Spring is just around the corner. I can’t wait to pick up the ball and do some wall ball and shooting practice in the backyard. It’s the best form of practice to regain your stick skills and improve hand-eye coordination prior to a season. And speaking of lacrosse balls, many beginner players are probably curious about the nature and history of a lacrosse ball, such as what they are made of or if there’s cement inside a lacrosse ball.
In this post, I will answer all your questions as well as recommend some good official and practice lacrosse balls to purchase today. Without further ado, let’s jump in.
Read also: Are lacrosse balls safe for dogs?
History of Lacrosse Balls
Over the long history of lacrosse, the materials that come with a lacrosse ball have also seen a revolution in and of itself. In the very early days, they were made of wood, buckskin or rocks which resulted in the ball being very dense and heavy. Over time, as westerners started to revolutionize the game, they replaced the materials with deerskin on the outside and stuffed fur on the inside. That marked the inception of how modern lacrosse balls came to be.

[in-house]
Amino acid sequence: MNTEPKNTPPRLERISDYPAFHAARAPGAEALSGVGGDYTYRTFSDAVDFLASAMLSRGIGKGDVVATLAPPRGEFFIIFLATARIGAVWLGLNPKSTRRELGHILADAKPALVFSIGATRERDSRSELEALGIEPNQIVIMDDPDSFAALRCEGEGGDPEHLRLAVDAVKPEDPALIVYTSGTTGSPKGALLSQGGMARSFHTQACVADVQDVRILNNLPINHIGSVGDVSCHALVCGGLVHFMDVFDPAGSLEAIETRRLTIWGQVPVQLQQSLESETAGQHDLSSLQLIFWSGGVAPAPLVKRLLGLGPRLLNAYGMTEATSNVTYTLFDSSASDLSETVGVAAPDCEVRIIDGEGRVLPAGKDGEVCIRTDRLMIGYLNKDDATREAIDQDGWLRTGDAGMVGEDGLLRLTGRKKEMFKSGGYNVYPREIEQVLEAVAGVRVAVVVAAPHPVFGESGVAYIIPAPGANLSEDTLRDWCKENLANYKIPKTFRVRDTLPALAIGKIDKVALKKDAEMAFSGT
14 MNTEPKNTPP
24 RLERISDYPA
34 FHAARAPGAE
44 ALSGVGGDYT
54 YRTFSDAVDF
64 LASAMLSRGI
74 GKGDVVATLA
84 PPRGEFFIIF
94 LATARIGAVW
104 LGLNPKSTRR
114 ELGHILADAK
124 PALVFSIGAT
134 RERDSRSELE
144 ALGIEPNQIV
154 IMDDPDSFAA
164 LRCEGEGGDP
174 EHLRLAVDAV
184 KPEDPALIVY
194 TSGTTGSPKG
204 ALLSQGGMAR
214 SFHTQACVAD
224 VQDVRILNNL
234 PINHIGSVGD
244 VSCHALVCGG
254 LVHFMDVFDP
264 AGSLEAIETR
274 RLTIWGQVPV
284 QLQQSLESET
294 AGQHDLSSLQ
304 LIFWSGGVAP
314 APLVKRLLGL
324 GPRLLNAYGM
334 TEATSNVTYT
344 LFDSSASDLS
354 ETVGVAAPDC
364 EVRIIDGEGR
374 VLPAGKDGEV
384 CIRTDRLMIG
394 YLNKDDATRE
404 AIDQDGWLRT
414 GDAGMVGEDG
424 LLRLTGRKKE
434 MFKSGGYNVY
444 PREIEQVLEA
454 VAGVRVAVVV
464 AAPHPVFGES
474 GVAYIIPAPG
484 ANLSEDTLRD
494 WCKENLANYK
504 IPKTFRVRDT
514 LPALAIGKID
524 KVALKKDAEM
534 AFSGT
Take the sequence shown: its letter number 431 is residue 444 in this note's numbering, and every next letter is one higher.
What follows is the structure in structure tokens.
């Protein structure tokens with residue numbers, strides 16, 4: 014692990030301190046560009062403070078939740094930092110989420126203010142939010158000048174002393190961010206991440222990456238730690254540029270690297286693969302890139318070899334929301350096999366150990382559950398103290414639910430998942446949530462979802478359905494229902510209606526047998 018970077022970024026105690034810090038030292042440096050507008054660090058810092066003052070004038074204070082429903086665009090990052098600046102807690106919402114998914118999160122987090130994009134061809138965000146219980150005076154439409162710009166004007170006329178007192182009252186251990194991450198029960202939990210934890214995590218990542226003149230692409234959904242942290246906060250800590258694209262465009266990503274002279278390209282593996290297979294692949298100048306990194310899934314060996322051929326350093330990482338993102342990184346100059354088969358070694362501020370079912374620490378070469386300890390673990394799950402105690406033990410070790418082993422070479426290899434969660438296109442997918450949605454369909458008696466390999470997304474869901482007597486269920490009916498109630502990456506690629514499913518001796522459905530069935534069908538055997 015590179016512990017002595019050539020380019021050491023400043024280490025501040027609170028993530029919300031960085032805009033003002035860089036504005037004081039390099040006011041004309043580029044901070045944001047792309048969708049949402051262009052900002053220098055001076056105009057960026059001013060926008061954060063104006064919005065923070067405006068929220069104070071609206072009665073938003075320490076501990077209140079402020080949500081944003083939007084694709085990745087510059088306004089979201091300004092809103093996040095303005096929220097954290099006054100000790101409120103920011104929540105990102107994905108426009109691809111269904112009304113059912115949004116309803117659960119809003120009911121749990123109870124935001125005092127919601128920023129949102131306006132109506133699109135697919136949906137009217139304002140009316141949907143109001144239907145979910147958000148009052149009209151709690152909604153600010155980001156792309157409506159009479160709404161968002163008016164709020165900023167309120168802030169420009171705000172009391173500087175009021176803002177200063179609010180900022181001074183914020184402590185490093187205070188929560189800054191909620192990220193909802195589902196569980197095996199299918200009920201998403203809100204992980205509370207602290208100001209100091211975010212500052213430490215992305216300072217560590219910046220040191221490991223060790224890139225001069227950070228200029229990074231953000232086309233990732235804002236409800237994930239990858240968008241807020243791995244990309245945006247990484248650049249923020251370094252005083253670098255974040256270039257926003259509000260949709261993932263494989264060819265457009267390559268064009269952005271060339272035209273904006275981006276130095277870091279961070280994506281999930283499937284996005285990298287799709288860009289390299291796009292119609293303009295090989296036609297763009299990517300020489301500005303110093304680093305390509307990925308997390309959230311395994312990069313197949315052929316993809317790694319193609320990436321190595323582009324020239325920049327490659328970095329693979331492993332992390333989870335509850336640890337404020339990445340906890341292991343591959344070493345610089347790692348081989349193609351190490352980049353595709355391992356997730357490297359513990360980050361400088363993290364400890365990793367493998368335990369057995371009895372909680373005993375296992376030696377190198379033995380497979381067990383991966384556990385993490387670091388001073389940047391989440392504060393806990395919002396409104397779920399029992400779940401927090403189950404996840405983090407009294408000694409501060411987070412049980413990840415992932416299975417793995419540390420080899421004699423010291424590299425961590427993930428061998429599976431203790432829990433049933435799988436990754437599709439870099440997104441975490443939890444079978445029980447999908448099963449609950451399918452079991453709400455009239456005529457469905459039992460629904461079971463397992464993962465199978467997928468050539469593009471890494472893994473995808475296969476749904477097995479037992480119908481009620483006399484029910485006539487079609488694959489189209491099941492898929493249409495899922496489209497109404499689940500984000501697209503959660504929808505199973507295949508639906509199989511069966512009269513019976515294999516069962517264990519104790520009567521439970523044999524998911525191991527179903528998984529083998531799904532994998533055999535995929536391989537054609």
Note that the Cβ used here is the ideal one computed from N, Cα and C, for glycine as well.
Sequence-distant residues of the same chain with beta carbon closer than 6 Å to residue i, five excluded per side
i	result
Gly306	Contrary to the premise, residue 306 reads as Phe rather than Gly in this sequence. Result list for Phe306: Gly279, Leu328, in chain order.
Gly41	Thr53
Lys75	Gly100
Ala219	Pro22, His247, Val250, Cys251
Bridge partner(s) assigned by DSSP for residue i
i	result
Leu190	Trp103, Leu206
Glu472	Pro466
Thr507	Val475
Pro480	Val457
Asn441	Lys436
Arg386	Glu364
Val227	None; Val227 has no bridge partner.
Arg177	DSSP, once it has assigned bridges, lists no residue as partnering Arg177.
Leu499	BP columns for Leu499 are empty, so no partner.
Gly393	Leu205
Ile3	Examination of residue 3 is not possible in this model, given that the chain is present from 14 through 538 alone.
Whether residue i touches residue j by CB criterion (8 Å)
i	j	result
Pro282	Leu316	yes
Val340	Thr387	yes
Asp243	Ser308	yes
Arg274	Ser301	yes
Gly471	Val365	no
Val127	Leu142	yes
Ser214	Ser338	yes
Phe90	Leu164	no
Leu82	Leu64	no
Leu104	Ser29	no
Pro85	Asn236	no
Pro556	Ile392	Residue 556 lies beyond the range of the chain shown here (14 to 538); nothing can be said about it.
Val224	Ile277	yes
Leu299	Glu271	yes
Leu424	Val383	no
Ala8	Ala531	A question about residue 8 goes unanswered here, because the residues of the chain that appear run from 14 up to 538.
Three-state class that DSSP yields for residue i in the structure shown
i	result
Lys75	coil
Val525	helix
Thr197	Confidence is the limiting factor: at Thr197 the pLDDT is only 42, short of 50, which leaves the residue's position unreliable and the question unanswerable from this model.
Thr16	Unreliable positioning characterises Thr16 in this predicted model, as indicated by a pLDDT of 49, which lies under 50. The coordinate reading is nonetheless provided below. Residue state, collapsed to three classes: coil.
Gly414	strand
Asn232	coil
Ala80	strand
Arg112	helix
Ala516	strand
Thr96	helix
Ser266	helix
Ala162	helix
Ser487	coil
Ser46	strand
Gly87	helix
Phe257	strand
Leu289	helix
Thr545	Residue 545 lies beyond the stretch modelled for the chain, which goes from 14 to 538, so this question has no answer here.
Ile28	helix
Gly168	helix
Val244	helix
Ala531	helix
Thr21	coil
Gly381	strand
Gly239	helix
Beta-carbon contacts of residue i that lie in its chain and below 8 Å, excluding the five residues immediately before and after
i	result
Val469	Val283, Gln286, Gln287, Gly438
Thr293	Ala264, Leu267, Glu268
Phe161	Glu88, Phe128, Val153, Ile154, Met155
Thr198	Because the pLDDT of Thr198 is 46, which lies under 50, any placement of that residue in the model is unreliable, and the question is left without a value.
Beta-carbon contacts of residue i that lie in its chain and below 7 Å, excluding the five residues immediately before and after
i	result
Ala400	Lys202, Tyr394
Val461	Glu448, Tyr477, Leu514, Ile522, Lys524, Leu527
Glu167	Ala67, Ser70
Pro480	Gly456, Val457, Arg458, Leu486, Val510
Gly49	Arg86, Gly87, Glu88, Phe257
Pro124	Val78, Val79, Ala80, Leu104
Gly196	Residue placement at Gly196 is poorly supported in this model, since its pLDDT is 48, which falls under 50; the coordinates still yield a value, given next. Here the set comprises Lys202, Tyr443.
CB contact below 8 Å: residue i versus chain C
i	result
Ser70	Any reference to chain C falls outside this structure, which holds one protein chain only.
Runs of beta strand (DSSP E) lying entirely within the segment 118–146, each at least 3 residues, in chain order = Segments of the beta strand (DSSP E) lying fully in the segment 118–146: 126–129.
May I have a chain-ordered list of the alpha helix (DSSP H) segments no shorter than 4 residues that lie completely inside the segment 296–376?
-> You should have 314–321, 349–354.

As we will delve into the attributes of a lacrosse ball, the materials that manufacturers use today are specifically designed to make it bouncy, durable and strong.
What Is A Lacrosse Ball Made Of?
When people first hold a lacrosse ball, they tend to think lacrosse balls have cement inside due to their softer surface and a pretty dense weight. What they fail to realize it’s that the design is to help players generate enough speed and power to the ball so that it could travel up to 100mph+ as well as bounce off the ground at a high speed.
Hence, unlike the common myth about lacrosse balls having cement inside, lacrosse balls aren’t made of cement. Rather, lacrosse balls are entirely made of solid, rubber materials, such as latex rubber, vinyl, silicone or polyurethane. From those certified materials, the most common types are latex rubber and crosslinked polyurethane.
If we pull up the official NCAA handbook about lacrosse balls specs, it states:
“Section 17. The ball shall be white, yellow, or orange solid rubber between 7 3/4 and 8 inches in circumference, between 5 and 5 1/2 ounces in weight, and when dropped from a height of 72 inches upon the concrete floor, shall bounce 43 to 51 inches at a temperature of 65 degrees Fahrenheit.”
In summary, to be certified as an official game ball, materials like rubber and polyurethane make sure they meet the standard outlined above.
What’s Inside A Lacrosse Ball
To give you a visual demonstration of what a lacrosse crosse section looks like, check out this video:
Spoiler alert: might not be as exciting as you think since lacrosse balls are solely made of rubber without any hidden materials inside.
How Hard Is A Lacrosse Ball
The hardness of a lacrosse ball is not determined arbitrarily. In fact, to ensure the lacrosse ball is hard and durable enough for official game use, all lacrosse balls must pass NOCSAE standards.